UK Defence Secretary Ben Wallace has warned that a governing pact between Labour and the Scottish National Party would put the country’s security at risk, reported The Sunday Times.
The statement comes on the heels of SNP defence spokesman Stewart McDonald reaffirming that the removal of the Trident nuclear submarine fleet from the Faslane naval base in Scotland would be central to any agreement with the Labour Party in the event of a general election win.
“The first minister has made our priorities clear: we want to stop Brexit, and she will demand Scotland has the power to hold its own independence referendum. But discussions over Trident will be a priority,” The Sunday Telegraph quotes McDonald as saying.
The SNP's senior MEP Alyn Smith on Friday said he understood that Jeremy Corbyn was also willing to agree to remove Trident from Faslane as part of a pact to prop up Labour after the December elections.
A Tory MSP, Jamie Greene, responded by saying:
“It’s increasingly clear that Jeremy Corbyn will sell out Scotland to the SNP. He’s happy to trade a second independence referendum in exchange for the keys to Number 10.”
The SNP has long opposed the storing of nuclear weapons in Scotland, arguing that Trident is a relic from the Cold War, while there are better ways to keep Britain safe.
Trident is controlled by the Royal Navy from a Scottish base, called HM Naval Base Clyde, in Faslane on the River Clyde.
The SNP says that most countries are now “nuclear-fee” and Trident does not address growing modern threats such as cyberattacks and terrorism.
SNP set to “drive a hard bargain”
First Minister of Scotland and leader of the Scottish National Party (SNP) Nicola Sturgeon launched her party’s election campaign in Edinburgh on 7 November with a warning to Labour leader Jeremy Corbyn she would “drive a hard bargain” in coalition talks to “lock the Tories out of government”.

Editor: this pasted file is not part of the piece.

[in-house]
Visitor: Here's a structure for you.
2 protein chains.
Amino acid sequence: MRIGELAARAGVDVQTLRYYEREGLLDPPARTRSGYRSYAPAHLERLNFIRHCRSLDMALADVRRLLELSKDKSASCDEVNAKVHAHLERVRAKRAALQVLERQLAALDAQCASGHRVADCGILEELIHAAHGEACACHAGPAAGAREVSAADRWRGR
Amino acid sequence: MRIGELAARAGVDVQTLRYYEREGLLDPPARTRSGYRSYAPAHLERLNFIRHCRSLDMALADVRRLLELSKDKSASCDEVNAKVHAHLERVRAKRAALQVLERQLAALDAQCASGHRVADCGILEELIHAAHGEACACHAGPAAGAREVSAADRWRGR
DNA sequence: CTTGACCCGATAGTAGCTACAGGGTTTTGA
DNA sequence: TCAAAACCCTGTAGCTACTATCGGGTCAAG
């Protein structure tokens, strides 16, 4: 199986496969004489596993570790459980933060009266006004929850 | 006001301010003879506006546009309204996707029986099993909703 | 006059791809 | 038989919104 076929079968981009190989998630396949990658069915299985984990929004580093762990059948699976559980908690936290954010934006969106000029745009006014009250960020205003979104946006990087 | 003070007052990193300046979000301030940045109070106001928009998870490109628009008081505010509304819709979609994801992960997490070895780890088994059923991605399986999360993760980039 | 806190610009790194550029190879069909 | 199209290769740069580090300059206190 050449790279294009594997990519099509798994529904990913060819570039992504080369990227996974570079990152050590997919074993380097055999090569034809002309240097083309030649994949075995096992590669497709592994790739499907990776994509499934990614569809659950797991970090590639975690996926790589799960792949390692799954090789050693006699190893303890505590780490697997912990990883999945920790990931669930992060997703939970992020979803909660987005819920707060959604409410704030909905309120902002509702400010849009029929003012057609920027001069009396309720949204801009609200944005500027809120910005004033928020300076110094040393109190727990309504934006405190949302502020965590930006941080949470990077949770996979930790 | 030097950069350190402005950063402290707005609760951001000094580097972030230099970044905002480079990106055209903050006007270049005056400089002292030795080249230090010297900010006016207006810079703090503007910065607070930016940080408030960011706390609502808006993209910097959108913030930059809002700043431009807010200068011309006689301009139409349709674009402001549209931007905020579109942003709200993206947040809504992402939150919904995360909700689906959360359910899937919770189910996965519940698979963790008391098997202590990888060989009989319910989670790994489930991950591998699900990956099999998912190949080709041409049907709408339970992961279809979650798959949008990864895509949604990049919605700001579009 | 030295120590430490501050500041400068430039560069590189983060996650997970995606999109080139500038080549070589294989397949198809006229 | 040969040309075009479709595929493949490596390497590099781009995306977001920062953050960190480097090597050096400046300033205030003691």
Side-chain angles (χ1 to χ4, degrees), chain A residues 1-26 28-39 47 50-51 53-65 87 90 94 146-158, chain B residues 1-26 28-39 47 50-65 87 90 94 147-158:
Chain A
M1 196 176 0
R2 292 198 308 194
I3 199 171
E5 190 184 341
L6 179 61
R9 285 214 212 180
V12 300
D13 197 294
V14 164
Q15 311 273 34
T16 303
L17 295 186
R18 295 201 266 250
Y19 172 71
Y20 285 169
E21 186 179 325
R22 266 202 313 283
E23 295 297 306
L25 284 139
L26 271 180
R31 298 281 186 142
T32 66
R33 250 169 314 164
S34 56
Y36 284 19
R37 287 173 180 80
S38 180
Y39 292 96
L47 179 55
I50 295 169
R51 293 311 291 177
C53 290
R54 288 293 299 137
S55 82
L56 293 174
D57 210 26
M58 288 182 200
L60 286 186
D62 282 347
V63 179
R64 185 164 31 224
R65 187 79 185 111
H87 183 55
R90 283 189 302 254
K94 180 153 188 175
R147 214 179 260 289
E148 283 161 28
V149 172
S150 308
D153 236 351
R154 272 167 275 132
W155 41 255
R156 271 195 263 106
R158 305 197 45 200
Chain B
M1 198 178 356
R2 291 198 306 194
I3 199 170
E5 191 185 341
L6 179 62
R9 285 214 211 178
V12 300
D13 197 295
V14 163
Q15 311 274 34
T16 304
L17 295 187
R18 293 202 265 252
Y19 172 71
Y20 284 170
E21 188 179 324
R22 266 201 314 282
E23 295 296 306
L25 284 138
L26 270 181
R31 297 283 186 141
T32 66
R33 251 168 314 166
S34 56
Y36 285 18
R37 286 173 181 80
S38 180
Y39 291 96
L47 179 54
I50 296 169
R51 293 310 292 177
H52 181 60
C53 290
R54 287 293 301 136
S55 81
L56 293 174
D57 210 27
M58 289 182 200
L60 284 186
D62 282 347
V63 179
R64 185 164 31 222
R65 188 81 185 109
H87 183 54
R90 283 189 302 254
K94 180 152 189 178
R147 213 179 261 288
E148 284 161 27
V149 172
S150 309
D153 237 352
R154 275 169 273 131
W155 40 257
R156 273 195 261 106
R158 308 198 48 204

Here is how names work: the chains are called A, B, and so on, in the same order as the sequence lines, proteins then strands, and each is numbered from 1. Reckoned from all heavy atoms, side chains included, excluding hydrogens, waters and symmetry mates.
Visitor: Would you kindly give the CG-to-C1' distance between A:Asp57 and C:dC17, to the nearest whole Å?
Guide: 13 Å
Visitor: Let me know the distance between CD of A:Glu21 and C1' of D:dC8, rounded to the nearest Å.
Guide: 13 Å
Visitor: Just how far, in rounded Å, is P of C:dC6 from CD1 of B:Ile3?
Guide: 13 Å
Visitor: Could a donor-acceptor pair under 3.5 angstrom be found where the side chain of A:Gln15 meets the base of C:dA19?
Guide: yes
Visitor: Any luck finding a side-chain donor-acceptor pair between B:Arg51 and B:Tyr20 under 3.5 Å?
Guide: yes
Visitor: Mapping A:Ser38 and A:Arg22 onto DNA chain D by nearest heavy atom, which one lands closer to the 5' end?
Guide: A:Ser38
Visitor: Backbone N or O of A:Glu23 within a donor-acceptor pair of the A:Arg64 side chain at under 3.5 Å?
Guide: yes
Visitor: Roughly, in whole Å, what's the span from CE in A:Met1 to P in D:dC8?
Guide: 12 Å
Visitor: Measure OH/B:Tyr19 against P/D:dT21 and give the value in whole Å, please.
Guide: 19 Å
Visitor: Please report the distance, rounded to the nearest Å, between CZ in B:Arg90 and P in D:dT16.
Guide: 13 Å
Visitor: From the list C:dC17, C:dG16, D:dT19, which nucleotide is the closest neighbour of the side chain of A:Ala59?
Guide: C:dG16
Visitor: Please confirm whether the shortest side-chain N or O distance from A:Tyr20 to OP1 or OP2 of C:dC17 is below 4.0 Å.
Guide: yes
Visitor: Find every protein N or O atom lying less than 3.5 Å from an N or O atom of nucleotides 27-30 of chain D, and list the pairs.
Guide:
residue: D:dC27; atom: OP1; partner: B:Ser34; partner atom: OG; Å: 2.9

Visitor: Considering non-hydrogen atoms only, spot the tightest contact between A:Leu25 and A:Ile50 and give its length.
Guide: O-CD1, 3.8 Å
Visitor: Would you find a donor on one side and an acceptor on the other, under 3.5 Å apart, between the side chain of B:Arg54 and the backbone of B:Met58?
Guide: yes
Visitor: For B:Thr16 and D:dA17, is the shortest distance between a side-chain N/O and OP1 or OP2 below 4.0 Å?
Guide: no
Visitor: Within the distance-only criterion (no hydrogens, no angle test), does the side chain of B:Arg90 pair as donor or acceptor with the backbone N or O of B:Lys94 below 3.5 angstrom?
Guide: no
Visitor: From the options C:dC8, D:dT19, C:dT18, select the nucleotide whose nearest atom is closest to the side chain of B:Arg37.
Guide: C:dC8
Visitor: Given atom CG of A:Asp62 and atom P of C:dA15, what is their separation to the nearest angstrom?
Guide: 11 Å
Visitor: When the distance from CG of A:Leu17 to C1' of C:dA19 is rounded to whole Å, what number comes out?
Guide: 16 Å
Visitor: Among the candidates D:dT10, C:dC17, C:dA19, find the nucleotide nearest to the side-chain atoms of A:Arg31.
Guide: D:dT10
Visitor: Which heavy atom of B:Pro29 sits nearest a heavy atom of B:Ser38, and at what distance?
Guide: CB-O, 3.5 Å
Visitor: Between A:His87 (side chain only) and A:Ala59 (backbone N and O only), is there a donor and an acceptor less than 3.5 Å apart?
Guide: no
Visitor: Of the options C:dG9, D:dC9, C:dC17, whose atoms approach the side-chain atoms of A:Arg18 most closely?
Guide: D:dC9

Sturgeon told the Labour leader he would have to accept her party’s plan to hold a second independence referendum next year in return for its support.
“Jeremy Corbyn is someone who supports self-determination for literally every other country in the world. It would be mighty strange if he didn’t support it for Scotland,” said the Scottish politician.
“The comments he has made and the comments John McDonnell [the shadow chancellor] has made have given a pretty clear sense of the direction of Labour’s travel on this.”
“I can’t see the SNP being in a formal coalition but we would look to form alliances and we’d drive a hard bargain on issues we want to advance,” Sturgeon was quoted by The Sun as saying.
“I’m not a big fan of Jeremy Corbyn, but we have to work with what we have before us,” said Sturgeon.
Sturgeon herself has ruled out doing a formal deal with Labour, saying the SNP would vote on a policy-by-policy basis.
Earlier, in August, Corbyn and McDonnell said the party would agree to give the Scottish parliament the powers to hold that referendum if Holyrood demanded them, while since hardening its stance by stating it would not authorise one in the first few years of a Labour government, and would oblige Sturgeon to seek a mandate for independence in the 2021 Holyrood election.
Scotland held its first independence vote in 2014, which saw Scots vote by 55 per cent against independence and 45 per cent in favour.
UK Prime Minister Boris Johnson said in an interview with Sky News on 3 November that he would not grant permission to Scotland to hold another independence referendum, pushed by First Minister Nicola Sturgeon amid looming Brexit, arguing that the Scottish people had already expressed their opinion on the matter in 2014.
On other outstanding issues, the SNP is set to table a new NHS protection bill in the Commons after the election to ensure the NHS is not included in future trade deals.
The SNP would also demand tougher action on climate change at UK level, while asking for powers over migration, employment law and drug policy to be devolved to Holyrood.
Ahead of the pre-Christmas election Scottish opinion polls suggest the SNP will increase its number of Westminster seats to around 45, regaining some of those it lost in the 2017 snap election.
It currently holds 35 out of Scotland’s 59 Westminster constituencies.
Brilliant @YouGov poll results in Scotland - with @theSNP on 42% (+5), Tories on 22% (-7) and Labour on 12% (-15).— Tom French (@tomfrench85) November 8, 2019
But can't take anything for granted - it'll all come down to whether people come out and vote SNP on 12th December #GE19 #EscapeBrexit #VoteSNP pic.twitter.com/zWpTxCaLX0
Sturgeon has made clear she would regard that result as a clear mandate in favour of a second independence vote.
With the elections around the corner, the importance of Scotland is not to be underestimated as if the Tories can hold on to the 13 seats they won there in 2017 it could play into the hands of PM Boris Johnson who is seeking an overall majority to get his Brexit deal “done and dusted”.
However, if the SNP can wipe the Tories out, a hung parliament, with a Corbyn premiership, is a possibility, and another referendum on Scotland’s independence more tangible, writes the NewStatesman.